Pure IT responds to a Harvard Business Review article, stating the key to growth in our modern era are adaptive business models; not solely technology.
Mark Johnson wrote in his December 18th article, “Digital growth depends more on business models than technology,” (Harvard Business Review 2018), citing Domino's as a case study to further the point. The pizza chain experienced a fundamental transformation, not from the introduction of new technologies themselves, but by addressing the underlying business model itself: profit formula plus consumer value proposition transformed this chain from demise, into a successful business model. Digitization itself is not a magic wand, yet instead is a tool, which when implemented in a comprehensive and holistic strategy, facilitates long-term, stable, and exponential results.
Turning the focus to a not for profit organization however, offers unique set of challenges and one may argue, limits the potential of possible business models to choose from.
The credit union industry is the prime example of business model enabled by technology; not the other way around. A strong denominating ethos is the crucial determining factor which separates the not for profit from its for-profit alternatives.
The purpose is to serve the consumer. A credit union is driven by their members, and the tastes, preferences, and needs of this dynamic and evolving pool creates an ongoing opportunity to create value by pivoting from the already exemplary service strength.
Improving the personal financial management process itself reduces friction: a key factor in consumer adoption behavior. Technology is then, an amplifier of the service model; not a hindrance. A few strategic digital realignments may instantly offer premier or superior services to the membership themselves, thus increasing the sheer volume of not only individual transactions, but also of memberships within the enterprise.
Therefore, effective feedback mechanisms are so vital to the health of a service-based organization; openly identifying and examining the needs of new services, while examining the effectiveness of current processes, and the impact gained by the beneficiaries themselves. Both internal and external publics benefit from a fluid amphibious business model. The ability to identify and adapt, and to use technology as an enabler and not constraint; are what propel the credit union to exponential growth.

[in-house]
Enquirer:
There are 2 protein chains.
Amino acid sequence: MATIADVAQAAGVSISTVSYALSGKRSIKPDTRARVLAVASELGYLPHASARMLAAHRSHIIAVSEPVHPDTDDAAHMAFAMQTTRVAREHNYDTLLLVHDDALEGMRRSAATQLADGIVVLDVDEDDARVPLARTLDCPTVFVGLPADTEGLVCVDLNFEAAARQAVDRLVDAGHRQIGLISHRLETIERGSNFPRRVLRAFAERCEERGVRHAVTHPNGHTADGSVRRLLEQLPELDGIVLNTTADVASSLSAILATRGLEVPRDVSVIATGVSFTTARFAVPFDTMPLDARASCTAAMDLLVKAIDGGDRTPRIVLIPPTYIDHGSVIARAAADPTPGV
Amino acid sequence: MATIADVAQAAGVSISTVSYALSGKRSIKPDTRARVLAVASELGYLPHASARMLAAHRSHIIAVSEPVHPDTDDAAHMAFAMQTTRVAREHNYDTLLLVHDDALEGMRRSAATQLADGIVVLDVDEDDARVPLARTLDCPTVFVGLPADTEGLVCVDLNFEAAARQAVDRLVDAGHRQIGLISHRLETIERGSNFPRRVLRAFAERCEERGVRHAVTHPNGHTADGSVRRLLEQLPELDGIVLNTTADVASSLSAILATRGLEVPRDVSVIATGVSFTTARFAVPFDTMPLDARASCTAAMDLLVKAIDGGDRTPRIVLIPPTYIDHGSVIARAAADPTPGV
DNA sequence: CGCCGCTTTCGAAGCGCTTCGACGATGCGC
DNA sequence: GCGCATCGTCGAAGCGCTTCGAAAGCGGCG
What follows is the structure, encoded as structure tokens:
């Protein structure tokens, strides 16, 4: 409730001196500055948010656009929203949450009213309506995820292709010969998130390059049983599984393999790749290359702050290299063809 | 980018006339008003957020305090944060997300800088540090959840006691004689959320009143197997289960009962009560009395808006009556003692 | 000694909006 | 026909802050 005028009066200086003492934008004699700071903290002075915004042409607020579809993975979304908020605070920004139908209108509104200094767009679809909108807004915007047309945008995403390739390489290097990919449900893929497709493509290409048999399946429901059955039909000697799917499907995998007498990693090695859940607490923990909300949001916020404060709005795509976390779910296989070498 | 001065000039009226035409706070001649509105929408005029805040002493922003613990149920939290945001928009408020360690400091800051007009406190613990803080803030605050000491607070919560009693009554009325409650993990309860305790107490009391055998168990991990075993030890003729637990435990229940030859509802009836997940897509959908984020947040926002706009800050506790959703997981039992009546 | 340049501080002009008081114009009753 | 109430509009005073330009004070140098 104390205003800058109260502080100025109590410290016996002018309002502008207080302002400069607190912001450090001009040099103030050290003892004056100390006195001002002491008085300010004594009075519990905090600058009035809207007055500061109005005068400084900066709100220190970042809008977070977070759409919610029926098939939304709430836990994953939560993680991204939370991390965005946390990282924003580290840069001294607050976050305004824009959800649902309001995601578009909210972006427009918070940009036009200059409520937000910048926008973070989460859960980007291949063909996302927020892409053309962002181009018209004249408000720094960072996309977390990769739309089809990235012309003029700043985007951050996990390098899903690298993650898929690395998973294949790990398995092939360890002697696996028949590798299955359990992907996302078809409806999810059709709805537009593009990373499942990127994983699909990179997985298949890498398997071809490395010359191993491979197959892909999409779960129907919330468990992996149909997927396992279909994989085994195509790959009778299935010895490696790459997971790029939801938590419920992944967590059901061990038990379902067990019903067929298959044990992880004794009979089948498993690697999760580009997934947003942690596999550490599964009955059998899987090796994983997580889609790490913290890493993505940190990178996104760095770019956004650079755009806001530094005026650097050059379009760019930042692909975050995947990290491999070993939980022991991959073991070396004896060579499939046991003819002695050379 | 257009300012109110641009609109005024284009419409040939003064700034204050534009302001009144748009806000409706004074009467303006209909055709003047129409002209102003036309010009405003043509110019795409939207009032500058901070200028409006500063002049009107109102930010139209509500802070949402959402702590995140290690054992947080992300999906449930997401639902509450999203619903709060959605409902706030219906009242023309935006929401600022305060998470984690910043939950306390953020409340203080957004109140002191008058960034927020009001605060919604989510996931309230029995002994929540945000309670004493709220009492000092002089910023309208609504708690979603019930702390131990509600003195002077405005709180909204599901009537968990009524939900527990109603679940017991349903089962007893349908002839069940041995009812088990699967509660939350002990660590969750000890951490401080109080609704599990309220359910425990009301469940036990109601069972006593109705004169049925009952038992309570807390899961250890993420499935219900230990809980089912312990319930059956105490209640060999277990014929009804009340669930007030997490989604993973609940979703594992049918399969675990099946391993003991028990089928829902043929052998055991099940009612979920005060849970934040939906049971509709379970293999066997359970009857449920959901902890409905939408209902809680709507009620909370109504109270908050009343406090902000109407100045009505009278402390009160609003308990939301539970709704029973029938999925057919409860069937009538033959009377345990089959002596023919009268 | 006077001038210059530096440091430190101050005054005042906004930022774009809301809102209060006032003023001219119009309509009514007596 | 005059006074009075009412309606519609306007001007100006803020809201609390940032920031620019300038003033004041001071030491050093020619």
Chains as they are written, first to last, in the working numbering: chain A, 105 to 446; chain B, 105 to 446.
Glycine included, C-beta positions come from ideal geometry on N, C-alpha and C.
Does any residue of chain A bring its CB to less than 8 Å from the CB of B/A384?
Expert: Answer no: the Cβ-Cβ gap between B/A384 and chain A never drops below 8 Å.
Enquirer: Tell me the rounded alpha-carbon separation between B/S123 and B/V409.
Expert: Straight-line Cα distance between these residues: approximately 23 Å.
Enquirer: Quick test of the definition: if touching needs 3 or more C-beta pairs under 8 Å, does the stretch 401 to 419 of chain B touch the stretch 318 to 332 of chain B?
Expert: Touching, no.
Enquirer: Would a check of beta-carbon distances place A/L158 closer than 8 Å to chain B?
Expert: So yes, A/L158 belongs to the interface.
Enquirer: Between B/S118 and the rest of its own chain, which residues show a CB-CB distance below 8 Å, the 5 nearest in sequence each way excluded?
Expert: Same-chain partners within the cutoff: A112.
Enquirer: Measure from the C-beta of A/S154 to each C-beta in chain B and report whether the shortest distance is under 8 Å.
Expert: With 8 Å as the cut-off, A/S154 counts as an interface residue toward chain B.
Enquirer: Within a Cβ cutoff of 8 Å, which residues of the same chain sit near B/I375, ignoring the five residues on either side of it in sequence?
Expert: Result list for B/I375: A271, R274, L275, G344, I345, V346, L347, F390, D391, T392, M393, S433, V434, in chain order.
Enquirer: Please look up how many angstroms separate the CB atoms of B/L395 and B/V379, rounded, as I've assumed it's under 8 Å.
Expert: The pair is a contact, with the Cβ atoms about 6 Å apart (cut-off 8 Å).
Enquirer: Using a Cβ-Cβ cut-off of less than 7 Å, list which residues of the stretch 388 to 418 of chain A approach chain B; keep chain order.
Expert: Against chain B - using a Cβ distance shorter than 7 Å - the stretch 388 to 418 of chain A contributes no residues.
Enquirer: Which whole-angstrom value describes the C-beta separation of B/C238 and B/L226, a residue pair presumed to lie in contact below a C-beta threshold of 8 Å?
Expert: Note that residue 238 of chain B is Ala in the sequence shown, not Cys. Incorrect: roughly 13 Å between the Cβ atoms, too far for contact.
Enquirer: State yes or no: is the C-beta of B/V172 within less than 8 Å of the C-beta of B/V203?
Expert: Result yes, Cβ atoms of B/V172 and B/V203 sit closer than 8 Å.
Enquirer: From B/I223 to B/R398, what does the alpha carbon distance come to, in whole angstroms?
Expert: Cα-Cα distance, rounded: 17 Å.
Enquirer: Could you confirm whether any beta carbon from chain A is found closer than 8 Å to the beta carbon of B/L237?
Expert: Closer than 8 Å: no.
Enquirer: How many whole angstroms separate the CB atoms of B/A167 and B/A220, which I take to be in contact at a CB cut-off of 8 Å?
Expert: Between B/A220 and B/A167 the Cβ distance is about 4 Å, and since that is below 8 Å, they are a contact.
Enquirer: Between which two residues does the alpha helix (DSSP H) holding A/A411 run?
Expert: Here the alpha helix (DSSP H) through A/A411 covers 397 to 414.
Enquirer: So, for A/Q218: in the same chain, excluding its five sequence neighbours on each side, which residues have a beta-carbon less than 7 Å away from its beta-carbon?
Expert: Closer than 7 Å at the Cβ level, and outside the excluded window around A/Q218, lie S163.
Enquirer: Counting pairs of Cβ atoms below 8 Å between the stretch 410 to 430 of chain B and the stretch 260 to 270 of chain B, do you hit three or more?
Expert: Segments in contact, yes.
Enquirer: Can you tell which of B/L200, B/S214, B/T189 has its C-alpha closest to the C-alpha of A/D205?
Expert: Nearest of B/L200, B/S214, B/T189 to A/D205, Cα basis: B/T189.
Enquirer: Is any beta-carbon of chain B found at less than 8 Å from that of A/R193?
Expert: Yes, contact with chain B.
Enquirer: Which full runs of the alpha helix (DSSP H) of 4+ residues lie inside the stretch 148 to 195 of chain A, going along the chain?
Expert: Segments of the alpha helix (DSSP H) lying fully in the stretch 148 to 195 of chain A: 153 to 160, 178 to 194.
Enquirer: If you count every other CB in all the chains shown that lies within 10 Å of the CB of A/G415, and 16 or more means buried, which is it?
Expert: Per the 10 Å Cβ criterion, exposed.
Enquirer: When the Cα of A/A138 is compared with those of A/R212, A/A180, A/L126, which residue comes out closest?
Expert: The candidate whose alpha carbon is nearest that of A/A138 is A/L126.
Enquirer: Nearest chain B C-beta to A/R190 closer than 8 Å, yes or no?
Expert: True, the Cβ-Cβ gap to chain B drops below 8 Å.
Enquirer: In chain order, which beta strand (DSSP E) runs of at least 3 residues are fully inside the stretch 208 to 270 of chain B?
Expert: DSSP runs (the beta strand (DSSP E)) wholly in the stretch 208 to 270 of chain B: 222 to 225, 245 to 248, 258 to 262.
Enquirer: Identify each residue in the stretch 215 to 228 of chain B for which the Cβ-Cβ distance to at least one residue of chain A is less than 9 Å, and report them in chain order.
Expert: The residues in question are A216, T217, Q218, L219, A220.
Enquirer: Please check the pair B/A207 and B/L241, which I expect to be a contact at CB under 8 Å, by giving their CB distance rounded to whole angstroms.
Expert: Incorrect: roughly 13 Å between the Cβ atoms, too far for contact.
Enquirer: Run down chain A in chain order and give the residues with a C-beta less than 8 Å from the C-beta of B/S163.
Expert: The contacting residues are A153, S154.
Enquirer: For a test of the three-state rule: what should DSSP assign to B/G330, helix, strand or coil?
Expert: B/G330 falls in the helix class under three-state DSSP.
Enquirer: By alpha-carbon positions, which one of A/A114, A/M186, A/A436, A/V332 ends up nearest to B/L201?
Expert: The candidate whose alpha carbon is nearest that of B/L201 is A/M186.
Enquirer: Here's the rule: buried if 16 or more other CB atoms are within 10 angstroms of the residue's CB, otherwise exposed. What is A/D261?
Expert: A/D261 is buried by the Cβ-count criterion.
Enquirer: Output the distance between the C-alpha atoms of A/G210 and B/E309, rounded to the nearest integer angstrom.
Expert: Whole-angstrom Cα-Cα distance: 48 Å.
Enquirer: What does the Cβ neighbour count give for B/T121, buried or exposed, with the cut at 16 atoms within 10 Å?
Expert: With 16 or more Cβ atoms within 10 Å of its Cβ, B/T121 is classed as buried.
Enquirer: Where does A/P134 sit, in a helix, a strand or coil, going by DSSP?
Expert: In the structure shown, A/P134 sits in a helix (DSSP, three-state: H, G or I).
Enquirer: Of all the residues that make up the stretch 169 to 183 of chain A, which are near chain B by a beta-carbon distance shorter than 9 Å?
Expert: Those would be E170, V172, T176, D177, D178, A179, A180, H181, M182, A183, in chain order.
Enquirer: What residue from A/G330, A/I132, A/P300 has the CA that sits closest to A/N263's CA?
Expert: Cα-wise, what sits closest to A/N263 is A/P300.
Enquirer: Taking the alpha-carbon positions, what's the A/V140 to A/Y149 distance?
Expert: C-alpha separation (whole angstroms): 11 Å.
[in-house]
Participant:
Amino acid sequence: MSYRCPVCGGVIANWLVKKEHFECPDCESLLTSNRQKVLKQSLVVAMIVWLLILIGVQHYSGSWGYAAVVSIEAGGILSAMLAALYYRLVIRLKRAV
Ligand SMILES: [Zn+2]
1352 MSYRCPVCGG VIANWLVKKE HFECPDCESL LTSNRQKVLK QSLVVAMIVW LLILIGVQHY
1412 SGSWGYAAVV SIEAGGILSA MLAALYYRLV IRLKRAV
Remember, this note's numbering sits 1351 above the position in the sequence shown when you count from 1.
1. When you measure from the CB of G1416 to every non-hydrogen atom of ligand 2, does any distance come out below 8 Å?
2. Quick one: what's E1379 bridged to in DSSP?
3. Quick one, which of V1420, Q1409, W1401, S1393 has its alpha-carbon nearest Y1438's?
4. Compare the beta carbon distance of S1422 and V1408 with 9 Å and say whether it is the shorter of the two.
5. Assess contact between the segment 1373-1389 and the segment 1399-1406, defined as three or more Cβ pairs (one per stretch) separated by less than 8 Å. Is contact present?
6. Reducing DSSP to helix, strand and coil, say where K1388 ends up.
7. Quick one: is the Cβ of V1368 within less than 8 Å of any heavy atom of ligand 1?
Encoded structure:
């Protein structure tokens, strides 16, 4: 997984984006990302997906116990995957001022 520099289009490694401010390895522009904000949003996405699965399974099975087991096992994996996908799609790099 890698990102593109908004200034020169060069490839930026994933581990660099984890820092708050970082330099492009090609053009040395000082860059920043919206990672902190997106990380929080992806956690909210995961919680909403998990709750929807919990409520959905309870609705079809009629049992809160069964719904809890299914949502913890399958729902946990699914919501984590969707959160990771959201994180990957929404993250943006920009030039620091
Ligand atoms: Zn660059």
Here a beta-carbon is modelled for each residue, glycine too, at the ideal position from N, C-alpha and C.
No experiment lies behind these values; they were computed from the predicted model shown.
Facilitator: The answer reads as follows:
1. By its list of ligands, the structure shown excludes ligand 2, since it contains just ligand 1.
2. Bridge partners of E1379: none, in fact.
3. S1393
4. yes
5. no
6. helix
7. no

This is why the silo communication model frankly, doesn’t work. Cross departmental communication and feedback loops create unique perspectives on policy, from process to implementation, and these open feedback models to external publics allow for constant improvement. Communication is transformation.
By increasing the capacity and validity of this information transportation, technology acts as a critical amplifier to; not department of; the modern credit union business model.
Without understanding the interactions between these codependent and interwoven sects of the organization, a larger puzzle is neglected.
Examining the whole institution, from the people, processes and technologies that constitute the service mission, are the stepping stones to conquer our modern model and digital world.
Technology is tool; but not a blueprint, and true transformation happens only with strategic alignment.
To read the full article at HBR please visit , https://hbr.org/2018/12/digital-growth-depends-more-on-business-models-than-technology